Great Writers Inspire at Home workshops
The Great Writers Inspire at Home 2017 workshops brought together a number of contemporary British writers to discuss how literature in different genres shapes readers’ perceptions of the contemporary world, and their identities within it.
The workshops featured readings by the author, an interview or discussion, and a time of Q&A in which audience members were encouraged to talk about their responses to the work of the author in question.
These discussions were recorded and edited into the video podcasts featured on this website. The programme and links to the recording can be found below.
The project leaders Elleke Boehmer and Erica Lombard introduce the concept of the series, talk about reading, and participating readers respond to extracts from the books they have engaged with in their reading groups.
In conversation with Elleke Boehmer, Kamila Shamsie reads from her most recent novel, A God in Every Stone (2014). Mostly set in London and Peshawar in the first decades of the twentieth century, the novel explores ‘the communality [and] contradictions … of empire’ (Tabish Khair, Financial Times).
Bernardine Evaristo is in conversation with Zoe Norridge and Marsha Hutchinson about her verse novel, The Emperor’s Babe (2001), which tells the story of a black girl growing up in Roman London in 211 AD.
In dialogue with Rachael Gilmour, Daljit Nagra reads from and speaks about his celebrated debut collection, Look We Have Coming to Dover! (2007). The poems are based on his experiences as the son of Punjabi parents who came from India to Britain in the 1950s.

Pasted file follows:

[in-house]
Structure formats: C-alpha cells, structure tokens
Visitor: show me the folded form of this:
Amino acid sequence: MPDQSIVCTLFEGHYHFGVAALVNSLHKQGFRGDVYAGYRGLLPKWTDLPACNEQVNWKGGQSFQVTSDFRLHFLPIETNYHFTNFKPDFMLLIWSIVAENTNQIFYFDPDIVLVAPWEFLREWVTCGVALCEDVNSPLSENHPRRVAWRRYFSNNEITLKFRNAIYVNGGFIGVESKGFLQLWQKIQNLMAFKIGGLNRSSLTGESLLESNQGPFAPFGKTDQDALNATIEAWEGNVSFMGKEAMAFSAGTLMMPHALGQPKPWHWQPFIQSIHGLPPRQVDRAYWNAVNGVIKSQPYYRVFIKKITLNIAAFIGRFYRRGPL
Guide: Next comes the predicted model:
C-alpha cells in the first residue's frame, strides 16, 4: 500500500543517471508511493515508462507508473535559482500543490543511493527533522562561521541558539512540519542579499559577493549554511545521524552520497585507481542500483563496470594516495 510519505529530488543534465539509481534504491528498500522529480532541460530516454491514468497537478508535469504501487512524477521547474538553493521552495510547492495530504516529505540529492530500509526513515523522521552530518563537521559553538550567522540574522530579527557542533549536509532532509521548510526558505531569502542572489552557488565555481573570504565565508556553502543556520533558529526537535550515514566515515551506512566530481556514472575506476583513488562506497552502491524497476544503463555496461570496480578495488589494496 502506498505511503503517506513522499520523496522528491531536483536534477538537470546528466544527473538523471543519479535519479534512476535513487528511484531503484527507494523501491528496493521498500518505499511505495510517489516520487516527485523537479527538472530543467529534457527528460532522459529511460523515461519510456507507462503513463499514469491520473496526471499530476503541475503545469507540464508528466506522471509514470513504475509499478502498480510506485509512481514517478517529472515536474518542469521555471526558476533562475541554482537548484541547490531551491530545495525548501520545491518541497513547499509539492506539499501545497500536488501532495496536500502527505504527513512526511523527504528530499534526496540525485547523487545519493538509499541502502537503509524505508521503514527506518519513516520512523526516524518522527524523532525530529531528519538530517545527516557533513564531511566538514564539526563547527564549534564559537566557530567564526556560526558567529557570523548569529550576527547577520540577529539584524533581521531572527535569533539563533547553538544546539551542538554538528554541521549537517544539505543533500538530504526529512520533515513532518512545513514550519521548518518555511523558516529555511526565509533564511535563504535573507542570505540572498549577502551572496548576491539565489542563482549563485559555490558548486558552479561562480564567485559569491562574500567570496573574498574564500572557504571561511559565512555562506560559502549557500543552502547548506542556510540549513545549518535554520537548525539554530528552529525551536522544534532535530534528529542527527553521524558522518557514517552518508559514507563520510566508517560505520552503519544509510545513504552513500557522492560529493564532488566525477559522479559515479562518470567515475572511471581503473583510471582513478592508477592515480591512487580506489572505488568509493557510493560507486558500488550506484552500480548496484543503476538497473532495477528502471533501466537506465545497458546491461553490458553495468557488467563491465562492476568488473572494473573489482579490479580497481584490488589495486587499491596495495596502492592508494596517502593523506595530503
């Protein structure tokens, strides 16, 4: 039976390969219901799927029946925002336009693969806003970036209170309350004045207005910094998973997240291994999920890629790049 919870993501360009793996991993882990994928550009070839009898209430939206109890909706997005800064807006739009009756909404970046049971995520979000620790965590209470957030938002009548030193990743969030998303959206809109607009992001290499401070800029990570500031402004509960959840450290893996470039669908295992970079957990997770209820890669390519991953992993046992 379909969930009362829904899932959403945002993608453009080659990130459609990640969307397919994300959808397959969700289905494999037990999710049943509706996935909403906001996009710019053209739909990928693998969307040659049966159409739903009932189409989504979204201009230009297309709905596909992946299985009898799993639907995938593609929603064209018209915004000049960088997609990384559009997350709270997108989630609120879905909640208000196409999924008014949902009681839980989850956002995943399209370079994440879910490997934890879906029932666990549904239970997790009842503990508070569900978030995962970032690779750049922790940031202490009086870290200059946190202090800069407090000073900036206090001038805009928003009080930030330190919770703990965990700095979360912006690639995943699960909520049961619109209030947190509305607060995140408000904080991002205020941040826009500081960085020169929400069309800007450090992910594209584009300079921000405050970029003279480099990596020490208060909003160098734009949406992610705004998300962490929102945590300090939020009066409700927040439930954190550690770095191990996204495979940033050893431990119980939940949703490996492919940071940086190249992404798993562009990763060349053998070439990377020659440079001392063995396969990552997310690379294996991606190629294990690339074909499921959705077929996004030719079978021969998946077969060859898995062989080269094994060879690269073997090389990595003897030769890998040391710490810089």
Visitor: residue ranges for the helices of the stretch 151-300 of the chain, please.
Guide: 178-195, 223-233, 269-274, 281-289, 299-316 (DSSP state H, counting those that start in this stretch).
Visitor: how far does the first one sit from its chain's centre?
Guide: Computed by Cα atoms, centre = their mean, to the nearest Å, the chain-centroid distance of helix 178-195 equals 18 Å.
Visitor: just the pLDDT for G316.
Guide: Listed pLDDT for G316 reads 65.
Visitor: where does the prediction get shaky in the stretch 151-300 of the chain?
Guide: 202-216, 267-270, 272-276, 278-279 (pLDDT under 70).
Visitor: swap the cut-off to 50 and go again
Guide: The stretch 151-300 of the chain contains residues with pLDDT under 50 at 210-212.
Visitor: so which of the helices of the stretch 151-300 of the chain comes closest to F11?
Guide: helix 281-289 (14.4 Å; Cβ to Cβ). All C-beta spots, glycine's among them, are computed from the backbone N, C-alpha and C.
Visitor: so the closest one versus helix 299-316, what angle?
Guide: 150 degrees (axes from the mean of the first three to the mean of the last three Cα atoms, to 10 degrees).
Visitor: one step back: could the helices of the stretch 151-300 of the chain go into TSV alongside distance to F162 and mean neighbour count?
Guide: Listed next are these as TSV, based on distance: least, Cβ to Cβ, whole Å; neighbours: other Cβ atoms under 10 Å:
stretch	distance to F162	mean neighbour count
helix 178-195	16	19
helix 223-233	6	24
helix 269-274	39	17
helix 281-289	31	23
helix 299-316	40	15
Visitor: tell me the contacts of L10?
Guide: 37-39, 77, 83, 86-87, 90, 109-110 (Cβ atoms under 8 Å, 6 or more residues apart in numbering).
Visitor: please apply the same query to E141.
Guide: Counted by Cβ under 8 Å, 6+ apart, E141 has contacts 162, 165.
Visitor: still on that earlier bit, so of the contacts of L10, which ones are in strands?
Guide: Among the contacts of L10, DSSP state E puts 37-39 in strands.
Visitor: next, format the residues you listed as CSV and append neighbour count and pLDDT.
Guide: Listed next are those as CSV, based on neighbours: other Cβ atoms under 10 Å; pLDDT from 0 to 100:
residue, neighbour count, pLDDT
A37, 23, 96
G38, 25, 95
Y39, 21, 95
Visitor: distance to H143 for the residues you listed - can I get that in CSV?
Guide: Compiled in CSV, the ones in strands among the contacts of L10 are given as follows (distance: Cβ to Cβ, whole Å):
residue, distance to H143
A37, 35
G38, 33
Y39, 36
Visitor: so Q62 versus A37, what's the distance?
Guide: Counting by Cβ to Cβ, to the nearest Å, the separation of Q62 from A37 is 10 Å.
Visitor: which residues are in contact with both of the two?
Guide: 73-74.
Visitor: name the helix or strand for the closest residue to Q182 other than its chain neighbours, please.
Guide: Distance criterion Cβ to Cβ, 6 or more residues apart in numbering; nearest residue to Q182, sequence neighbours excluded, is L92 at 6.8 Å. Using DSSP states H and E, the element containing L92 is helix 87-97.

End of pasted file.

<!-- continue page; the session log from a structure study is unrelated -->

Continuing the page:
Local Oxford performance poet D-Empress Dianne Regisford presents a performance installation piece entitled ‘Hersto-rhetoric? Na so today!!!’. The performance installation, which incorporates a series of seven sculptures, invites critical explorations of the notion of ‘la femme libre’ (the liberated woman) from an African feminist perspective. The works are inspired by what D-Empress describes as a ten-year initiation into the teachings and practice of the ancient West African Mandinka badjenne tradition.
Nadifa Mohamed is in dialogue with ‘Africa in Words’ editor Kate Wallis about her debut novel, Black Mamba Boy (2010), based on her father’s travels across the Horn of Africa before his eventual arrival in Britain.
Windham-Campbell-winning author Aminatta Forna talks about her Commonwealth Writers’ Prize-winning novel, The Memory of Love (2010), set in post-war Sierra Leone, with Ankhi Mukherjee and the audience.
Editors Susheila Nasta and Mark Stein are in conversation with contributors Gail Low, Henghameh Saroukhani and Florian Stadtler about their forthcoming Cambridge History of Black and Asian British Writing. This is the very first academic collection to cover nearly 300 years of Black and Asian British literature. From their perspectives as critics, they address the questions of writing, reading and identity in Britain today.
M. NourbeSe Philip is a poet, novelist and lawyer, born in Tobago but now based in Canada. Though Philip does not have direct ties to Britain, her concerns with language, the past, and the question of how we belong, links her to many of the other writers who appear in the series. Philip reads from her work and describes her poetic formation. Marina Warner, Matthew Reynolds and Elleke Boehmer offer responses to her work.
In a special Great Writers Inspire at Home summer event, writers Selma Dabbagh and Courttia Newland give readings of their work. They also engage in discussion about writing and community.